The only difference this time... is that it [the "traitor" rhetoric] is being directed at the side that typically wields such accusatory rhetoric, rather than by them.This is absolutely correct. Accusing Democrats not just of cowardice or dereliction of duty but of betrayal, traitorship, and treason has been a central staple of the Right's political rhetoric and energy for seventy five years (since March 4, 1933, specifically).
But ask yourself: who is the real traitor: the person who sees that the country has only bad choices before it, acknowledges this, and is willing to make the painful and difficult decision? Or the person who insists on continuing to squander the blood of young Americans, the fortunes of our treasury, and the ability of the country to act in its own interests in other arenas -- merely to retain a prayer of salvaging his own personal reputation?
I tend to agree with Juan Cole that Petreaus is a good soldier stuck in a terrible position, trying to salvage a disaster. With that said, I think it is not wrong to call his political masters in the White House (and the GOP generally) traitors. They are traitors, that is, if by "traitor" we understand someone who knowingly betrays the interests of his country in order to promote his own interests.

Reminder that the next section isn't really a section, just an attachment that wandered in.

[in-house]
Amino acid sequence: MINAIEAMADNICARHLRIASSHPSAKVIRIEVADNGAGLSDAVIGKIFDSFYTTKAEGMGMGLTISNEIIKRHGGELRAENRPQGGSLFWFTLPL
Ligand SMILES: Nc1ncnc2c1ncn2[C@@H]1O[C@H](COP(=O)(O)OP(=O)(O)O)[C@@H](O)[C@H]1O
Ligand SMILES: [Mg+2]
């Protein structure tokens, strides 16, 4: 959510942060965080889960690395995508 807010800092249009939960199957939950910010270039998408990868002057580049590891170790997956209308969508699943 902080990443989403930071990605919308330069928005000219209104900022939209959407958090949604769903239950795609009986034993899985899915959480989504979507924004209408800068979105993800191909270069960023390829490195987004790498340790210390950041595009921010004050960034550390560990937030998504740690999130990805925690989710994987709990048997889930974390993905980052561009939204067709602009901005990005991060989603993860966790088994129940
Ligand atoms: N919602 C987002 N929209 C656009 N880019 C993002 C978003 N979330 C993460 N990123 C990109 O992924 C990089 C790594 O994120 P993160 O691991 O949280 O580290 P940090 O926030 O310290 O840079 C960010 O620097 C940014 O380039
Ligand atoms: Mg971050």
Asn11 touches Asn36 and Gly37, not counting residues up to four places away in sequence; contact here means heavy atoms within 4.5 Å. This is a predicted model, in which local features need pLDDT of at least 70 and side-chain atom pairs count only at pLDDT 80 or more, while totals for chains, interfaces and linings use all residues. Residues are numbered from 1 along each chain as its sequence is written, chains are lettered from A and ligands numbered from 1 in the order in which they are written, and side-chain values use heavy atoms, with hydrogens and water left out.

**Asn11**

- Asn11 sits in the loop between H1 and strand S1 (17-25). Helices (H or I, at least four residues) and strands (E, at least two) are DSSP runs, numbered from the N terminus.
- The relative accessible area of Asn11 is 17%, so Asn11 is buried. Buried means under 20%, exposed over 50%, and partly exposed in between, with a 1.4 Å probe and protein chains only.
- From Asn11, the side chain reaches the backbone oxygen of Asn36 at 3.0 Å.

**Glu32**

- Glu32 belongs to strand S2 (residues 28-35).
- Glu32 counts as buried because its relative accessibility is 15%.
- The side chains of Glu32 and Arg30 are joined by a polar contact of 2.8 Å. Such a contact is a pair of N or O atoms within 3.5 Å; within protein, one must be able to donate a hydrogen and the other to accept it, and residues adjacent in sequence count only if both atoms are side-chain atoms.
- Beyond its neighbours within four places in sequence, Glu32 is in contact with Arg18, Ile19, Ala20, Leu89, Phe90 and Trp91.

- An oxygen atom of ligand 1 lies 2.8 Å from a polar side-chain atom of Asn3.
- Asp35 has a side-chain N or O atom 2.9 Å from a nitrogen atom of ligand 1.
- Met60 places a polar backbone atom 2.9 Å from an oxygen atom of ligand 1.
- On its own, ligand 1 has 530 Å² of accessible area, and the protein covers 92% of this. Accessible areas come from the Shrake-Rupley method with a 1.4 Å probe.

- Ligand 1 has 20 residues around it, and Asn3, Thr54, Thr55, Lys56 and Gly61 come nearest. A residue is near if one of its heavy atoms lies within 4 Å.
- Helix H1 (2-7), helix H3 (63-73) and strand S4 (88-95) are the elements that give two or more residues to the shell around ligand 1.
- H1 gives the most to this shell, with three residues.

At this point only a knave or a fool would fail to realize that staying on in Iraq is contrary to the national interest. The only reason that Bush and the GOP continue to do so is to retain hope that their political reputation can be salvaged. And that, I believe, can rightly be called treasonous.